As far as controversial architectural elements go, vaulted ceilings are some of the most divisive, with some designers praising them for their grand, lofty flair and others deriding them for being outdated, not to mention wasteful of energy. In architectural terms, a vaulted ceiling is a self-supporting arch above walls and beneath a roof.
Some of the first vaulted ceilings can be traced back to a neolithic village in Crete, built roughly seven thousand years ago. Since then, they've been found around the world across ages, perhaps most notably in Gothic cathedrals and in domed spaces like the Pantheon in Rome. “A vaulted ceiling extends upward from the walls to a center, creating a volume of space overhead,” says Jade Joyner, co-founder and principal designer of studio Metal + Petal in Athens, Georgia. That’s roughly similar to the true architectural definition, but there’s one major difference: they don’t have to be arched, instead following the roofline in a more triangular form.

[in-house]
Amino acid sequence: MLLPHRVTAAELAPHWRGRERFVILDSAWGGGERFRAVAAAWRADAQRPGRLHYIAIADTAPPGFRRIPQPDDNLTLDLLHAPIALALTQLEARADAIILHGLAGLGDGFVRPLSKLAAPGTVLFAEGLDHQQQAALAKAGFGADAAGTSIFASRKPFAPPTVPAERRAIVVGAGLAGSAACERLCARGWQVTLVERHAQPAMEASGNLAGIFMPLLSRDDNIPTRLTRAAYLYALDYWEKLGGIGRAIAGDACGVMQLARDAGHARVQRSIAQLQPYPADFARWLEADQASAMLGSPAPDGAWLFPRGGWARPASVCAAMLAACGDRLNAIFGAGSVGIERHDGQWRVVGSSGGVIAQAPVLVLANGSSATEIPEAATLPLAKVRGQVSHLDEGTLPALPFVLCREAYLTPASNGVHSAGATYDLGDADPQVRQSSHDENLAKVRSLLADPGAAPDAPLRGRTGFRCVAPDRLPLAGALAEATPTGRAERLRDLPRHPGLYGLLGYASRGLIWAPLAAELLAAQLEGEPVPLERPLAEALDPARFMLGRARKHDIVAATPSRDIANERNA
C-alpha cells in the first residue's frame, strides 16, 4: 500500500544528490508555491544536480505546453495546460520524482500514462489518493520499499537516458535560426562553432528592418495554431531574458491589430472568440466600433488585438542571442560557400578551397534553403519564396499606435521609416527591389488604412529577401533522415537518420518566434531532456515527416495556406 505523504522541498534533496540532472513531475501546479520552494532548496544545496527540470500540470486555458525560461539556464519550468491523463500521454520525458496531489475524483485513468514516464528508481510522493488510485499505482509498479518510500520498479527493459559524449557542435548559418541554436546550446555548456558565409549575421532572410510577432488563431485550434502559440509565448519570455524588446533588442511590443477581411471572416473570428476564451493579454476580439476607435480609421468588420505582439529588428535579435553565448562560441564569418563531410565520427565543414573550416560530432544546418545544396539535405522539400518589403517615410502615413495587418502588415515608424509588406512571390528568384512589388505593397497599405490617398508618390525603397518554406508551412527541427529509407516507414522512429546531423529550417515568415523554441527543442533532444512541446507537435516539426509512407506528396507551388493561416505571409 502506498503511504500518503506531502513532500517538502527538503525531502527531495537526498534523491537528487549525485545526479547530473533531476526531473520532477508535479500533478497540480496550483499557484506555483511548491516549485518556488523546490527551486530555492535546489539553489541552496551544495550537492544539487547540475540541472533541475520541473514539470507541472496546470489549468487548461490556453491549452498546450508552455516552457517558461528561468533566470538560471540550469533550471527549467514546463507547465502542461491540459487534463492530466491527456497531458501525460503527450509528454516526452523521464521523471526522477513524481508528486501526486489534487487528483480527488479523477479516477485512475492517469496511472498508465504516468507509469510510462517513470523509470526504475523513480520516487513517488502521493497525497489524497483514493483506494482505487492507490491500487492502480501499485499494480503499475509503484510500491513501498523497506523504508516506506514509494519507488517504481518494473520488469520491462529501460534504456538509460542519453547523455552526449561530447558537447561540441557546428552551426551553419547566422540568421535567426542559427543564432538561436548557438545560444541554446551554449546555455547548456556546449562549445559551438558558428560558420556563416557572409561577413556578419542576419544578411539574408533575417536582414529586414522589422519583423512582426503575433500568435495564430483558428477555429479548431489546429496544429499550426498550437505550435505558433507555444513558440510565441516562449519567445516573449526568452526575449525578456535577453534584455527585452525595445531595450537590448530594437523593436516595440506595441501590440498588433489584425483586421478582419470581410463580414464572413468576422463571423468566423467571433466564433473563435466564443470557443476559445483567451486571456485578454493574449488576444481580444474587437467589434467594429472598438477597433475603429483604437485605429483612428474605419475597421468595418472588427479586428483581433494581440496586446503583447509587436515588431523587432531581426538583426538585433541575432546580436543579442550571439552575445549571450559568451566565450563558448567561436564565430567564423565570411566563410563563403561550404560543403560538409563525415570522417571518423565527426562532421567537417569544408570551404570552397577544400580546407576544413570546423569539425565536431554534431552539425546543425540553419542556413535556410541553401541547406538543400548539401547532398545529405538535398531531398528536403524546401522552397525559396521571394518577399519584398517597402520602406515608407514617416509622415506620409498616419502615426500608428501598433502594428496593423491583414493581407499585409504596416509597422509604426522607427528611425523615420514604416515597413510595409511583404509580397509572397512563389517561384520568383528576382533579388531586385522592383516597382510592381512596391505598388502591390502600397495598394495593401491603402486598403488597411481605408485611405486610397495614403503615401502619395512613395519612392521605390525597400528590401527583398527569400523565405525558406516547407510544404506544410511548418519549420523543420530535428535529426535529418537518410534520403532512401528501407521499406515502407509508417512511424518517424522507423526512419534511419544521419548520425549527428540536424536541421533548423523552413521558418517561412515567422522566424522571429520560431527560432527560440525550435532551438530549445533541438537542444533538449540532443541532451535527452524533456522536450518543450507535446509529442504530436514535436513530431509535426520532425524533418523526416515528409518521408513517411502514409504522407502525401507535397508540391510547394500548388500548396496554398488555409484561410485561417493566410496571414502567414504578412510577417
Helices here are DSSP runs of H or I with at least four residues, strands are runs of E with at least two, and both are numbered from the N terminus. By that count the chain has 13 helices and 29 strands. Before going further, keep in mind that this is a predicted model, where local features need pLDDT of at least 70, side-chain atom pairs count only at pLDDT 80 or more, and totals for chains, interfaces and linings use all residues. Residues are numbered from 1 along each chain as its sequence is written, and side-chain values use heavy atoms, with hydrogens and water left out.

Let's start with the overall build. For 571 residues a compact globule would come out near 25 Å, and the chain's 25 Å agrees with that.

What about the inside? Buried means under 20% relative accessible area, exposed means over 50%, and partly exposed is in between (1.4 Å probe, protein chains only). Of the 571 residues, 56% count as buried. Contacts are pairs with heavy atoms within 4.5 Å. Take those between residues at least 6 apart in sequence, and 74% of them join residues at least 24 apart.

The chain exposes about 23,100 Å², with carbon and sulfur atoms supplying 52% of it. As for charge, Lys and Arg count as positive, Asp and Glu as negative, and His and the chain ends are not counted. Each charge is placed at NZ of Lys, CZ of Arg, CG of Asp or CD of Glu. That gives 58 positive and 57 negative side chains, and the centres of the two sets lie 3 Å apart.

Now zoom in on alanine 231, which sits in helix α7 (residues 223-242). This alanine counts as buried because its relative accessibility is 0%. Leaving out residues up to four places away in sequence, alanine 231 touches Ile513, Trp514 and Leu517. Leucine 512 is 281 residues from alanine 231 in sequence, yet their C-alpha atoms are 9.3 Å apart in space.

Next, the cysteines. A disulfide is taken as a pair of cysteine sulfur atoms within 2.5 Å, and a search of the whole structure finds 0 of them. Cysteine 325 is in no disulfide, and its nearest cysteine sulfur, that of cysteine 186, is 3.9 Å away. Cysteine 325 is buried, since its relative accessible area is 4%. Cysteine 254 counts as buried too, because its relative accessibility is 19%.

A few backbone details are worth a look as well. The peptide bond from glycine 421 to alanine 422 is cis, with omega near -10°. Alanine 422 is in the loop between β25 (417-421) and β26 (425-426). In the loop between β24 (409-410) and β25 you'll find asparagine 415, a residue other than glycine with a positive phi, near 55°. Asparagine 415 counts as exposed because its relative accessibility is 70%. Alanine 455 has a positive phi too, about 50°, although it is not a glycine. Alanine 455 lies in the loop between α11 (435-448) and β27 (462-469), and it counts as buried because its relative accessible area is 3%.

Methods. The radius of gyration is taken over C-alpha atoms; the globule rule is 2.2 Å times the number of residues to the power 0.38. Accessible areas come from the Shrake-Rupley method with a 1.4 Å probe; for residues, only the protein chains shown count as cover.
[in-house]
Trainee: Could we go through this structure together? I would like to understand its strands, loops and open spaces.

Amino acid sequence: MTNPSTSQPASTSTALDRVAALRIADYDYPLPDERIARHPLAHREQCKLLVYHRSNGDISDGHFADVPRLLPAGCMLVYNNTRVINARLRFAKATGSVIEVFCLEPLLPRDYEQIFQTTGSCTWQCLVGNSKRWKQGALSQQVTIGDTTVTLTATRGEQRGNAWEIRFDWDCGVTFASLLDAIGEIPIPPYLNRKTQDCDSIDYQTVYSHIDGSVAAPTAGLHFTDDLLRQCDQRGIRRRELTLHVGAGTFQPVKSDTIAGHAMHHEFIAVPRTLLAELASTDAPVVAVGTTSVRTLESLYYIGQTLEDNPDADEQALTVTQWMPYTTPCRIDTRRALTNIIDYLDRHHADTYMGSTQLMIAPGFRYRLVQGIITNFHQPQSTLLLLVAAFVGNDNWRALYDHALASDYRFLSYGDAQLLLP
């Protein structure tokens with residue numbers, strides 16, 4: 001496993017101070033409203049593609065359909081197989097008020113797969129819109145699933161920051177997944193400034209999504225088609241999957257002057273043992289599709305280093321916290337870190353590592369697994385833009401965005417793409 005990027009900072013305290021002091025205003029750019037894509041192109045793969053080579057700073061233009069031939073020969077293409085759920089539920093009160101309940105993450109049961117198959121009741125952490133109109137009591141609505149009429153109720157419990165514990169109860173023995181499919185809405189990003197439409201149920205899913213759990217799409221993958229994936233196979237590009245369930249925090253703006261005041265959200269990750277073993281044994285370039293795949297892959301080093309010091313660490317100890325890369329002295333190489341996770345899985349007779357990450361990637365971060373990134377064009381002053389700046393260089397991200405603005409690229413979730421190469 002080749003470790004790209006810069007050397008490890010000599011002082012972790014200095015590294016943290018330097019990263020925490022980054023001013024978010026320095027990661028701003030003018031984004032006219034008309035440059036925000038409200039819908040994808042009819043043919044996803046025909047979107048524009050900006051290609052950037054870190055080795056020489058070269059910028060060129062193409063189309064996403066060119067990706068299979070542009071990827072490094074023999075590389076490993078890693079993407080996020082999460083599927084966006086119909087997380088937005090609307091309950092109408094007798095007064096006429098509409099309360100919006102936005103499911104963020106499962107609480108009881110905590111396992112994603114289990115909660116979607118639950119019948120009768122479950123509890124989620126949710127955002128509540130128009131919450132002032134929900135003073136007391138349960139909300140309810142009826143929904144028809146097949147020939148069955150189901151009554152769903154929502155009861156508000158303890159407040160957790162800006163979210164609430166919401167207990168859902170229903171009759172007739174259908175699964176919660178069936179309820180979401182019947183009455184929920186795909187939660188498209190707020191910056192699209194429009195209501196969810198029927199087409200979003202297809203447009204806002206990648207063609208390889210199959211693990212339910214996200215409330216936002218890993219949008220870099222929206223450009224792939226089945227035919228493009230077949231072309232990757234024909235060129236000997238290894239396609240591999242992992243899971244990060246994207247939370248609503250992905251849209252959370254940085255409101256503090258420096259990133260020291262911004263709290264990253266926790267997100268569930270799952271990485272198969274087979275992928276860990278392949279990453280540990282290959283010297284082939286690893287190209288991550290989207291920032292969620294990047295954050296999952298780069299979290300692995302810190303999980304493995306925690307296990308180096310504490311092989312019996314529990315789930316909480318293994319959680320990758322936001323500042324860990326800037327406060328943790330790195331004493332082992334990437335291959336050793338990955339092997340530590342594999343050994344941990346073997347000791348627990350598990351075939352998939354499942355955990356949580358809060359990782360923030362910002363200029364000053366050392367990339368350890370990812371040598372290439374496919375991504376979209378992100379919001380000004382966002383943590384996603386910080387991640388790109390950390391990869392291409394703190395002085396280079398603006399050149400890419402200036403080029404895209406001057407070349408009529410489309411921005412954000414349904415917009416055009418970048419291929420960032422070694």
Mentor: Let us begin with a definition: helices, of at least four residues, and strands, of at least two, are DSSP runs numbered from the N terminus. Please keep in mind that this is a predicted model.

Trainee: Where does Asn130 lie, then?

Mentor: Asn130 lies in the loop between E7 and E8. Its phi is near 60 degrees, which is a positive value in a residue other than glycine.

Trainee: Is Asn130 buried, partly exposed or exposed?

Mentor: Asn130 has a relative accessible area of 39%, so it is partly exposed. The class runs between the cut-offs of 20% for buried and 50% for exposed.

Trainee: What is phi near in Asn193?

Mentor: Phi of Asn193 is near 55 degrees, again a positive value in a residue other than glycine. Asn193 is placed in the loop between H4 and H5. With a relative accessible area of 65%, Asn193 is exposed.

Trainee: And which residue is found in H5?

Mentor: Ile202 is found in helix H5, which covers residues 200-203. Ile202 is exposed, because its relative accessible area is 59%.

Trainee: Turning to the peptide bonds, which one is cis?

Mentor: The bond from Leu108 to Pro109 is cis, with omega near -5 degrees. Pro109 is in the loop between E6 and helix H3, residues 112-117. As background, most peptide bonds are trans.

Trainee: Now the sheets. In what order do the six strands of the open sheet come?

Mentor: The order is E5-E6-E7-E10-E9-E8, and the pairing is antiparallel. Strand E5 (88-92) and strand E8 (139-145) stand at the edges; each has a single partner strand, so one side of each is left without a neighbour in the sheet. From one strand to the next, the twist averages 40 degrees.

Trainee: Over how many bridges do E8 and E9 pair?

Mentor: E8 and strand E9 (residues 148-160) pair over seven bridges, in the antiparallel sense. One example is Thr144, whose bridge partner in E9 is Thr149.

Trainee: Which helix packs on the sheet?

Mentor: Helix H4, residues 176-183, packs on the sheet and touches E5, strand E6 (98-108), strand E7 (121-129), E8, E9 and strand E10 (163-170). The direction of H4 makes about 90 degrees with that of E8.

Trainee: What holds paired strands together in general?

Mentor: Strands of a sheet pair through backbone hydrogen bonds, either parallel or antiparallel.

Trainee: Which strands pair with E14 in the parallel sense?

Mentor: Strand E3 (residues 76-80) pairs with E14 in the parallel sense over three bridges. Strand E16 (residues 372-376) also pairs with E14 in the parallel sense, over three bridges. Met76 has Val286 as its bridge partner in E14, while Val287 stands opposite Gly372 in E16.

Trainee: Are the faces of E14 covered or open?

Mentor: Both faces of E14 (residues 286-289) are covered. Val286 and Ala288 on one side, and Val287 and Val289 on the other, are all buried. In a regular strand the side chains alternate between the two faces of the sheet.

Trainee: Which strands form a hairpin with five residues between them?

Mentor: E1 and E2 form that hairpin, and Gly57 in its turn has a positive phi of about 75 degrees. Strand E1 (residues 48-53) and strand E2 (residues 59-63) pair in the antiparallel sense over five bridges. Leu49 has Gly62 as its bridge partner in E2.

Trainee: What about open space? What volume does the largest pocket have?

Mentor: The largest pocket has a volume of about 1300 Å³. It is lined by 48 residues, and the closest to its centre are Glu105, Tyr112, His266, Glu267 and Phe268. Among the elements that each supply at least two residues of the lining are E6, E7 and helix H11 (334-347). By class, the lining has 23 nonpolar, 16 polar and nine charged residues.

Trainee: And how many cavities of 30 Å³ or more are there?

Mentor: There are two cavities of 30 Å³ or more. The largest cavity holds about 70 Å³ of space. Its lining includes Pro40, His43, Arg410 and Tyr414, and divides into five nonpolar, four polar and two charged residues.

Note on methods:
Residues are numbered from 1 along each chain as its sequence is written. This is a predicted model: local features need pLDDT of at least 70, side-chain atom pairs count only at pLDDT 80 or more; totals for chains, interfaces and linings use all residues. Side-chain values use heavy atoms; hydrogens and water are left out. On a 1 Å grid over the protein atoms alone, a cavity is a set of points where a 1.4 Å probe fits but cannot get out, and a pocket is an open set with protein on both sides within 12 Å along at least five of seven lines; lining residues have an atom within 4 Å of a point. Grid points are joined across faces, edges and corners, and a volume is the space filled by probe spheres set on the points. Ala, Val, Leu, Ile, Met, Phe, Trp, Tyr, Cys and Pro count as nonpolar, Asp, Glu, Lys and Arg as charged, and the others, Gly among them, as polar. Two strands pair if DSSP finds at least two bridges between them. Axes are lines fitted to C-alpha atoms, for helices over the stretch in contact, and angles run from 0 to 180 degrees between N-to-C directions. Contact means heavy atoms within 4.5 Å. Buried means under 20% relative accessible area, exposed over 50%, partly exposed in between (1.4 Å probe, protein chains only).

Vaults can be styled in a number of ways to match the look of your home, whether that’s modern, rustic, or industrial. “The softness of an arched ceiling can add the perfect touch for a modern structure,” says Maggie Griffin, who runs her eponymous firm in Atlanta and Gainesville, Florida.
“A vaulted ceiling is a wonderful excuse to incorporate reclaimed beams or industrial cable supports to round out your look, too.” Need to change a lightbulb in your vaulted ceiling’s recessed lighting or dust an exposed beam?
Need to change a lightbulb in your vaulted ceiling’s recessed lighting or dust an exposed beam? “From an engineering standpoint, you’ll need to make sure your roof structure supports a vault,” says Cruz.